Next, Foster Group argues that the 4.25 hours billed on May 14, 2012 is excessive because the work was merely "administrative." According to the time entry, Mr. Hubbard talked to a clerk regarding procedure given Ms. Foster's unavailability, he reviewed the order and rules to make sure that his client's rights were properly preserved, reviewed a location report regarding Ms. Foster, and performed other sundry tasks. The Court finds these tasks to be well within Mr. Hubbard's purview as Plaintiff's counsel, nor is it an excessive amount of time spent for the tasks performed.

The next time entries Foster Group objects to is for May 23, 2012 (9.0 hours) and May 24, 2013 (5.25 hours), for services related to preparing the motion for default judgment. Foster Group argues that 14.25 hours for preparing the motion for default judgment is excessive. After re-reviewing Plaintiff's motion for default judgment and the associated declarations (ECF No. 56), the Court agrees that 14.25 hours may be slightly excessive, especially where the timesheet does not describe the tasks performed with more specificity. Therefore, the Court reduces the time to 11.0 hours.

Next, Foster Group argues that the 4.0 hours billed on June 6, 2012 for "reviewing the pretrial conference and other scheduling" and drafting and filing the request for entry of default is excessive. The Court agrees and reduces the time to 3.0 hours. While the request for entry of default (ECF No. 57) was thorough and fact-specific, no legal research was required, as demonstrated by the lack of case citations, and rescheduling pretrial dates and updating the case file could not have taken more than an hour.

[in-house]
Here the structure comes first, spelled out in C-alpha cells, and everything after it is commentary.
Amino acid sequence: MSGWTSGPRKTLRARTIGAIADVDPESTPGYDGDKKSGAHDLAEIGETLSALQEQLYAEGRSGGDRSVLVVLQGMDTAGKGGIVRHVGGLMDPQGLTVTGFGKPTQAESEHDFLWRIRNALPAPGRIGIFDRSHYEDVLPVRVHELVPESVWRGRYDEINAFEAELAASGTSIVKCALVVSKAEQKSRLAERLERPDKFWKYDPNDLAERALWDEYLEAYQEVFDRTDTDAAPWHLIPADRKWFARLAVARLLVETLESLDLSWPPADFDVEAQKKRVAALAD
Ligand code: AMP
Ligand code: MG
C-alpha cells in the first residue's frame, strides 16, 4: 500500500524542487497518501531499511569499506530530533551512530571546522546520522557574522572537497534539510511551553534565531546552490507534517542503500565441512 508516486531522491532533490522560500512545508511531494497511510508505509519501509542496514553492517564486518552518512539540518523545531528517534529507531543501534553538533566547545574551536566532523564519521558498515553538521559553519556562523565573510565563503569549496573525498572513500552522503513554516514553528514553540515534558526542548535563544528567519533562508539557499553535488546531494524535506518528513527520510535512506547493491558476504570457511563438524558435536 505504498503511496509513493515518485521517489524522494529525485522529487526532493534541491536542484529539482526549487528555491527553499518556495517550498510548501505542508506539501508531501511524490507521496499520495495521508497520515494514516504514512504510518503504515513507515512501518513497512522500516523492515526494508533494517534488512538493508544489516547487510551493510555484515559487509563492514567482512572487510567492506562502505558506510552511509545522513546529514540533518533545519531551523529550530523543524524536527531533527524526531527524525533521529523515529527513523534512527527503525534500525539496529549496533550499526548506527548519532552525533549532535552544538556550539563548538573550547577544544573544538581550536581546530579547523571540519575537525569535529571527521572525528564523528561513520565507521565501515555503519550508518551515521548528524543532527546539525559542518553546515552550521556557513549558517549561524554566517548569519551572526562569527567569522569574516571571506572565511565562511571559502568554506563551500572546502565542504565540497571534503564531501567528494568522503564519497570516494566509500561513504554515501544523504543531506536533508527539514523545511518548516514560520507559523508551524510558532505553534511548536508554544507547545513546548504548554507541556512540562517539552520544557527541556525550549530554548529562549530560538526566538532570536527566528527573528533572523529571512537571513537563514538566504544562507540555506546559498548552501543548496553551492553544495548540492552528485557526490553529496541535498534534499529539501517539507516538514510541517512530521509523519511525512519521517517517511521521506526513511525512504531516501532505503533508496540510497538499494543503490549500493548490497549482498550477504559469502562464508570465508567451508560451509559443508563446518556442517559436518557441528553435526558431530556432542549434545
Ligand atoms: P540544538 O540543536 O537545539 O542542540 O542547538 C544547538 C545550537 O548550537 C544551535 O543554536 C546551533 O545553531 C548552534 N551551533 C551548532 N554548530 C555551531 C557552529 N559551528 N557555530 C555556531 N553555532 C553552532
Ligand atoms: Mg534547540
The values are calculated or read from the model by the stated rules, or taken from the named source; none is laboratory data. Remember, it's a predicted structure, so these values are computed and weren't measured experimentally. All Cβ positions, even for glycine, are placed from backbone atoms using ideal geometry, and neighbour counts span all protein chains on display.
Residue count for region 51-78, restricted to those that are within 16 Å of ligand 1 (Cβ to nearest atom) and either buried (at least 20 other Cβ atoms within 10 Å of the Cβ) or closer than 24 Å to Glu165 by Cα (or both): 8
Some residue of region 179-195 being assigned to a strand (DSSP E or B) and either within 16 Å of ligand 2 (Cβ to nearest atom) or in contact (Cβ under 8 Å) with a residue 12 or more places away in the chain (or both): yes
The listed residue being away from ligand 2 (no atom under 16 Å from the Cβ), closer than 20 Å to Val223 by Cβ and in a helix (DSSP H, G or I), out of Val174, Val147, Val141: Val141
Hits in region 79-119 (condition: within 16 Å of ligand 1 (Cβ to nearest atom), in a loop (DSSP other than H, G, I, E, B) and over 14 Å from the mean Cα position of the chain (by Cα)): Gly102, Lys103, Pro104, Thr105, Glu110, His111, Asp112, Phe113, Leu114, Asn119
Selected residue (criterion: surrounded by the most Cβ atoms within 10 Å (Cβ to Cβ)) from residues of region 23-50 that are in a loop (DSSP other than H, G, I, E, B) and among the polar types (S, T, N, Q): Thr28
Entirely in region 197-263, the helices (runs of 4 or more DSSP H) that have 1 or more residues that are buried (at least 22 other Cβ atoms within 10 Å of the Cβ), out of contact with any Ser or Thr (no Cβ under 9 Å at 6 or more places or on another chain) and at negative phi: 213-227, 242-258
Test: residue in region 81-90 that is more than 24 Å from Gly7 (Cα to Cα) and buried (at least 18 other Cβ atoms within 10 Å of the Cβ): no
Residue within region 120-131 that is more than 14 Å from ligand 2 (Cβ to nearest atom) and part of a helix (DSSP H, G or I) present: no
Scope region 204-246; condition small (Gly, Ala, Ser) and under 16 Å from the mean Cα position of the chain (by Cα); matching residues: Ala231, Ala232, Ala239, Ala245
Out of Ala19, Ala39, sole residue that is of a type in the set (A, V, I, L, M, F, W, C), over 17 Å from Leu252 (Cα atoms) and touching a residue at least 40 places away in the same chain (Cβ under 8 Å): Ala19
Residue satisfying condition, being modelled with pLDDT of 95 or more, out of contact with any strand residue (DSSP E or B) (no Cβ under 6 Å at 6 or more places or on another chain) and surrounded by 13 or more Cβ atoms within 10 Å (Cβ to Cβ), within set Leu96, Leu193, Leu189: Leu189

The next time entry Foster Group objects to is the 6.0 hours billed on June 26, 2012, where Mr. Hubbard notes that he attended the Trial Readiness Conference hearing, returned a second time to serve discovery on Ms. Foster in court, reviewed the Court's minute order, wrote a memo to the Judge's law clerk regarding a modification, drafted a status memo to his client, e-mailed attorney R. Brown, and started preparing a subpoena for documents. Foster Group argues that Mr. Hubbard's appearance at the hearing and his returning to the courthouse to serve discovery on Ms. Foster are not encompassed within the attorney's fees allowed for by the Court in its March 26, 2013 order (ECF No. 91).

The Court disagrees. While the Court stated in its order that the legal fees were to "include" the time relating to the default and default judgment, it made clear that Foster Group was responsible for Plaintiff's attorney's fees "commencing on December 28, 2011, " when Foster Group's counsel withdrew and Ms. Foster refused to cooperate with the Court. (Id. at 3.) The reason the Court ordered Defendants to pay Plaintiff's attorney's fees in the first place is because Defendants acted in bad faith, including by failing to provide contact information, which would have ...